‘5+5 Forum’ discusses relaunch of Med Union

Senior officials from 10 countries meet in Cordoba to discuss relaunch of Mediterranean Union.

Middle East Online, 21 avril 2009

CORDOBA - Senior officials from 10 western Mediterranean countries met here Tuesday to discuss the relaunch of the Mediterranean Union, which has been stalled over the recent war in Gaza.

The one-day meeting in the southern city of Cordoba brought together foreign ministers or representatives from Spain, France, Italy, Malta, Portugal, Algeria, Libya, Morocco, Mauritania and Tunisia.

France was represented by Pierre Sellal, secretary general of the foreign ministry, instead of Foreign Minister Bernard Kouchner.

Italian Foreign Minister Franco Frattini was also absent, his place taken by Secretary of State Stefania Craxi.

Launched at a Paris summit in July, the Mediterranean Union groups EU member states with countries in North Africa, the Balkans, the Arab world as well as Israel in a bid to foster cooperation in one of the world's most volatile regions.

But the project has been the victim of the 22-day war in the Gaza Strip that ended on January 18 as Arab countries have refused to sit next to Israel.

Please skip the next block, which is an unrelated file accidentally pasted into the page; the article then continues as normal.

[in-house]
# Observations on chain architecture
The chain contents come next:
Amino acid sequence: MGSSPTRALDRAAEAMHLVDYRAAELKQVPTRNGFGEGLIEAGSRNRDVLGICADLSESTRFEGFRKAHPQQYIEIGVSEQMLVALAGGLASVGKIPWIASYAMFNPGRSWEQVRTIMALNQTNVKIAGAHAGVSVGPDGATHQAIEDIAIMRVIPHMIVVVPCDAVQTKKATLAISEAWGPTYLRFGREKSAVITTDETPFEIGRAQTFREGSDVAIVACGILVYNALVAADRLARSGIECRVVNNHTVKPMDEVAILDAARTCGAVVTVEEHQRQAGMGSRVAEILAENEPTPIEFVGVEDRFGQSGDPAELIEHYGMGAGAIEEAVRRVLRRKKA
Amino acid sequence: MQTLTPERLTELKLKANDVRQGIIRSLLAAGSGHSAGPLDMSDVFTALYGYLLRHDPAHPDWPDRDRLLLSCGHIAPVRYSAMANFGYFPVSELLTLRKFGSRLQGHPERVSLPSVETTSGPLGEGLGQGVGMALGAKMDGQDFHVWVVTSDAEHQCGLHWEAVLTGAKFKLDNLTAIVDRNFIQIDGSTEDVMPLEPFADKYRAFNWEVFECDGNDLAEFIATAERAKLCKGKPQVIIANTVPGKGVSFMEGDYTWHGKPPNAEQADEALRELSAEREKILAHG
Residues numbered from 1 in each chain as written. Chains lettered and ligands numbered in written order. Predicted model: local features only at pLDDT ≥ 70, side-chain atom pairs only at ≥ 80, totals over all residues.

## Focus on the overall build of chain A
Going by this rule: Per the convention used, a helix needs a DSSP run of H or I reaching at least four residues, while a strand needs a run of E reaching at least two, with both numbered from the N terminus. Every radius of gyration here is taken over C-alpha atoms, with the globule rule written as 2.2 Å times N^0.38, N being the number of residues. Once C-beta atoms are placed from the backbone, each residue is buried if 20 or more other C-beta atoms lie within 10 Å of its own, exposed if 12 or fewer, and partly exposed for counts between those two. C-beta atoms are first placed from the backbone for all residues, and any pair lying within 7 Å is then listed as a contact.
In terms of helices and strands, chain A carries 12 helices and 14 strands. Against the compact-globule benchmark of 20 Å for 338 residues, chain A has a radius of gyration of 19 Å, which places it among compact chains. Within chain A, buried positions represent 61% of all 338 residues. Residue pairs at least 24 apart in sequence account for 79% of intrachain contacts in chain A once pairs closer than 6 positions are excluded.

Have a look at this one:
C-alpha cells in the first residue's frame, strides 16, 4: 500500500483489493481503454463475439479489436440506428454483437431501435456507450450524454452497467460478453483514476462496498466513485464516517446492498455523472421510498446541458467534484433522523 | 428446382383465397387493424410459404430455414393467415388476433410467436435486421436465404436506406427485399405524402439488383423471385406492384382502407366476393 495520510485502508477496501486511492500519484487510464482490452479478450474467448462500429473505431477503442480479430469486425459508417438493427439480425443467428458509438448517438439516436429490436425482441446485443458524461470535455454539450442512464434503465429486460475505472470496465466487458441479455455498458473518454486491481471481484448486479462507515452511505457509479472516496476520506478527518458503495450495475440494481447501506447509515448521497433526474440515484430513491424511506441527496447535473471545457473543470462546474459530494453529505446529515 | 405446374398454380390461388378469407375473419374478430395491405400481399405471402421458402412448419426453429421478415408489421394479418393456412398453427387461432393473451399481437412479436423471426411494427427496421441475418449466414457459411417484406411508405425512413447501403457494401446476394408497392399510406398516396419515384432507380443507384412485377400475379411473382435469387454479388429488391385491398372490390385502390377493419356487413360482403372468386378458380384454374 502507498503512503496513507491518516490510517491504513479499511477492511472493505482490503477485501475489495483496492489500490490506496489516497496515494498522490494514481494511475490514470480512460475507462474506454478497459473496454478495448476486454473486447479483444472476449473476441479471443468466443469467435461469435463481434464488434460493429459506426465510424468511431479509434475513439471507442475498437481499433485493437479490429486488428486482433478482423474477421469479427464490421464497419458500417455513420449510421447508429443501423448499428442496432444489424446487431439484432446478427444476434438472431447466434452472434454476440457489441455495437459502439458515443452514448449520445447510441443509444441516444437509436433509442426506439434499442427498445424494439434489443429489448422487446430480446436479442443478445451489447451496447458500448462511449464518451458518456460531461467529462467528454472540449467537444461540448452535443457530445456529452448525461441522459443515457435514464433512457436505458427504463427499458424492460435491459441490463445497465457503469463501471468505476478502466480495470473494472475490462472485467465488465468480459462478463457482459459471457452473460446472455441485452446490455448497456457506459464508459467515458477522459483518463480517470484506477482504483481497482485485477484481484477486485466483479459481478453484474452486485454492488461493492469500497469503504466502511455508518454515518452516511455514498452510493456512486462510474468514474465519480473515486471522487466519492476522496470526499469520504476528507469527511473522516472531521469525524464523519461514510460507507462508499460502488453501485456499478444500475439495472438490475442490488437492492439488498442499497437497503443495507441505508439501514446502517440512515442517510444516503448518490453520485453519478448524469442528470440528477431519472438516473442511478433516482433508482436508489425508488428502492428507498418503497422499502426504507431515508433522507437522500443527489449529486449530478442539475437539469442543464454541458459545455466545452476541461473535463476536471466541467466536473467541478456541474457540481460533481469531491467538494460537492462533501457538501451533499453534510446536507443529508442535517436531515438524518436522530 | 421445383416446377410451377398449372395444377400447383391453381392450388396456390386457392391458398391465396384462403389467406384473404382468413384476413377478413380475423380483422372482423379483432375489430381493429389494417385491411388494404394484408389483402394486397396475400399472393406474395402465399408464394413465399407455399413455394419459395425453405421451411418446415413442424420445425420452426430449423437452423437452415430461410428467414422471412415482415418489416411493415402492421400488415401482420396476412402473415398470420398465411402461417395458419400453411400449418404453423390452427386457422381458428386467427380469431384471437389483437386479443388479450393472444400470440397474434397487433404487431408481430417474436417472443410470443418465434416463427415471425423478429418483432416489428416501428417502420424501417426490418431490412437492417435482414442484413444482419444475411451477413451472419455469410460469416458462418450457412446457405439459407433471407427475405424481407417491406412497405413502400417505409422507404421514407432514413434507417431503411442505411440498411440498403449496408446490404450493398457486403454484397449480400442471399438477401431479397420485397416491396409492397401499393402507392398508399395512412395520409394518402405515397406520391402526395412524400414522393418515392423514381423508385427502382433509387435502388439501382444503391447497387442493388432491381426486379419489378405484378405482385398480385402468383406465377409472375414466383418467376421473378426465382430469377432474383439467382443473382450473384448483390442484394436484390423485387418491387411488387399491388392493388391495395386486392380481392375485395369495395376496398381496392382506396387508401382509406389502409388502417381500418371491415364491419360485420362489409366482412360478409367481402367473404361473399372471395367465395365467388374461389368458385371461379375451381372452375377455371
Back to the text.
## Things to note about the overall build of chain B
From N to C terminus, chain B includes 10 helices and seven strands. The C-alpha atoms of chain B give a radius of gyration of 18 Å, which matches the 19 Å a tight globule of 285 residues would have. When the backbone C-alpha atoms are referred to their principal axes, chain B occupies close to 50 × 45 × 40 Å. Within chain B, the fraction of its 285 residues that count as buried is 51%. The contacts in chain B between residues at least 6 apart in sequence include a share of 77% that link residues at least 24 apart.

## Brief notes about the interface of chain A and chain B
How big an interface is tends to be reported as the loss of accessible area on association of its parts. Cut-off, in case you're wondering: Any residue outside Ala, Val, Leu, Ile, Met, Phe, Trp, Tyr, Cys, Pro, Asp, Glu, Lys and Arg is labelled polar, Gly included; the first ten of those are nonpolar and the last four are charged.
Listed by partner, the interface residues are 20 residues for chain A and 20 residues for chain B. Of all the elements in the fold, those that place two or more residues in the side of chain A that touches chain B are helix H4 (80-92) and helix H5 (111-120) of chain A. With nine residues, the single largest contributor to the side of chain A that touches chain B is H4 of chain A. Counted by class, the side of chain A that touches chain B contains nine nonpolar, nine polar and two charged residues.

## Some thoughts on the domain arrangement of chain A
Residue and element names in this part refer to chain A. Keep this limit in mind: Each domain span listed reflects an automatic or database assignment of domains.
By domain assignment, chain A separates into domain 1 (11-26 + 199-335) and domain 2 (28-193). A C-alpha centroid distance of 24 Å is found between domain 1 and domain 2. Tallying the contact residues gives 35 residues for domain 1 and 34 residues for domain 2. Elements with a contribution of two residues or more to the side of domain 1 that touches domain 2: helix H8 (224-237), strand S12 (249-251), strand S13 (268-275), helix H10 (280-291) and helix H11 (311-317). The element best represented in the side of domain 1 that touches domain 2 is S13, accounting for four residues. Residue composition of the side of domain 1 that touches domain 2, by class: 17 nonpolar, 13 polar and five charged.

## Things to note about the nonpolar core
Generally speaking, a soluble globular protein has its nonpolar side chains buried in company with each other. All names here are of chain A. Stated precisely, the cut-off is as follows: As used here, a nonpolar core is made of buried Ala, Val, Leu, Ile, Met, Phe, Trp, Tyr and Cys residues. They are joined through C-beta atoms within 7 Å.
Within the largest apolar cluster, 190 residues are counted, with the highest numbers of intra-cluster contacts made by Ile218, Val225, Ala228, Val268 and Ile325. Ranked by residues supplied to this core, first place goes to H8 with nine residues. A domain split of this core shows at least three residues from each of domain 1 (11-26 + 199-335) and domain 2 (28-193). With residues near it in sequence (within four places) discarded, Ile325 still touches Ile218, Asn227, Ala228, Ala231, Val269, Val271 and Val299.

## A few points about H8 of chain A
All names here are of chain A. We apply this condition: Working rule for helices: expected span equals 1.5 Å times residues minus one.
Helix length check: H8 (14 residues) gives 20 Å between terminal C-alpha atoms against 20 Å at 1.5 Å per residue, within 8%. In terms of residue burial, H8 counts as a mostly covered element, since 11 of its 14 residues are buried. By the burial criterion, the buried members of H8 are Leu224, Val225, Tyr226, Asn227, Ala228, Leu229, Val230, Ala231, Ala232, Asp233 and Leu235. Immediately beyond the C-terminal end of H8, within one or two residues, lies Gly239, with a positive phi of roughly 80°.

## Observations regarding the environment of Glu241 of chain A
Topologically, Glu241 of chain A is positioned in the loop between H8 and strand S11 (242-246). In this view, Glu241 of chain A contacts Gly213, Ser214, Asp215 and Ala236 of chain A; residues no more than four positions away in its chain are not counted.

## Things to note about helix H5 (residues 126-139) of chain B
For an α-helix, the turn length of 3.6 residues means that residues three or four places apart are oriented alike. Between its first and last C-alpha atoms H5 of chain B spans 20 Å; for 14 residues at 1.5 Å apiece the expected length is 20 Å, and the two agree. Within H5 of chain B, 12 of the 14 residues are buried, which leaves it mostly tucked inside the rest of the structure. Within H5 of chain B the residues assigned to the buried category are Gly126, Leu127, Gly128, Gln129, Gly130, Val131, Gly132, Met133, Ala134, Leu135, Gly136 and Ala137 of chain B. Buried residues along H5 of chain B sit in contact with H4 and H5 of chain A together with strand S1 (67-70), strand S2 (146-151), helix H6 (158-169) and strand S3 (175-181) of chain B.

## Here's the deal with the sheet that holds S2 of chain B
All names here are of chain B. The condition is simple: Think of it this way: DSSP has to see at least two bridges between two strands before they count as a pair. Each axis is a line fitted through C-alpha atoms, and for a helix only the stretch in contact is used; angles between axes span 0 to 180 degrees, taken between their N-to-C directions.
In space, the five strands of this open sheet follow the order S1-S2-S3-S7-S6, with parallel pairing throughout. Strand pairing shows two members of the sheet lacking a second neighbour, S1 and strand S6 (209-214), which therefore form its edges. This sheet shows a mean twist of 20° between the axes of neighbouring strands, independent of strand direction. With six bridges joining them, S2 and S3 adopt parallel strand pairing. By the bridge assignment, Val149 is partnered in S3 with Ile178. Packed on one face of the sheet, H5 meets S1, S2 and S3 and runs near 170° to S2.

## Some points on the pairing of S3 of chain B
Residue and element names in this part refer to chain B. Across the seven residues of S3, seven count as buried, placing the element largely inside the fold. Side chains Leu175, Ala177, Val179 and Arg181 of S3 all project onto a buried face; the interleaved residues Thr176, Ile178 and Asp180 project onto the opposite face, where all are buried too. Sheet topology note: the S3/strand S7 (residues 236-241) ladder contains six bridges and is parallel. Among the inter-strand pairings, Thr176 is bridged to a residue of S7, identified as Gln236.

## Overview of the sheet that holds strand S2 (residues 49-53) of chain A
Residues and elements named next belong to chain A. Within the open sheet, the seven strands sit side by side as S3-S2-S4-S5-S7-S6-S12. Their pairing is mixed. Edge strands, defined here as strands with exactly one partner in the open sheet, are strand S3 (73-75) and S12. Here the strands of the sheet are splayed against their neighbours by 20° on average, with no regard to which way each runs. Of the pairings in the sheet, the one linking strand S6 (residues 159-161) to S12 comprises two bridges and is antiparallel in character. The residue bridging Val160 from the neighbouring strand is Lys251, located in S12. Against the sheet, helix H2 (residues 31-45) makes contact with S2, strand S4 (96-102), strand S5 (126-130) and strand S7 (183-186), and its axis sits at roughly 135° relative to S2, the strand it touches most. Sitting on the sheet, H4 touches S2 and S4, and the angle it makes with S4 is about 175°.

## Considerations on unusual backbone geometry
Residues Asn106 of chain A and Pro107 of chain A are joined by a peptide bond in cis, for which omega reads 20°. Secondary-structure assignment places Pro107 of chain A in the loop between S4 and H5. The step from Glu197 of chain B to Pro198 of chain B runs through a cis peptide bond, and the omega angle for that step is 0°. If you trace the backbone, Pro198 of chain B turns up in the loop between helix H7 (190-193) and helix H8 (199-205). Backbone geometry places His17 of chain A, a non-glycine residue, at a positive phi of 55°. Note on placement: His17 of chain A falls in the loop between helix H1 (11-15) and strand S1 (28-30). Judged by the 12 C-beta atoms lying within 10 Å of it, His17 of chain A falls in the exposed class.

EU foreign affairs chief Javier Solana has also called an informal meeting for Thursday in Brussels to try and revive the project, a European source in Cairo said Monday.

The ministers at the "5+5 Forum" in Cordoba will also discuss the issue of the Western Sahara.

"We are looking, in the name of the Arab Maghreb Union, for the support of France and Spain to contribute to a narrowing of positions... to reach a solution on the issue," Moroccan Foreign Minister Taieb Fassi-Fihri, who is co-chairing Tuesday's meeting with Spain, told Arab media.

UN chief Ban Ki-moon said earlier this month that Morocco and the independence movement Polisario remain far apart on how to settle the Western Sahara dispute and a resumption of stalled talks needs careful preparation.

The Polisario has disputed Morocco's claim to the territory since Rabat annexed it after former colonial power Spain withdrew in the mid-1970s.

Four fruitless rounds of UN-brokered talks in the New York suburb of Manhasset since 2007 have failed to resolve the long-standing dispute.

Rabat has offered a form of autonomy for the territory under Moroccan sovereignty, while the Polisario wants a referendum on self-determination that would include the option of full independence.

 
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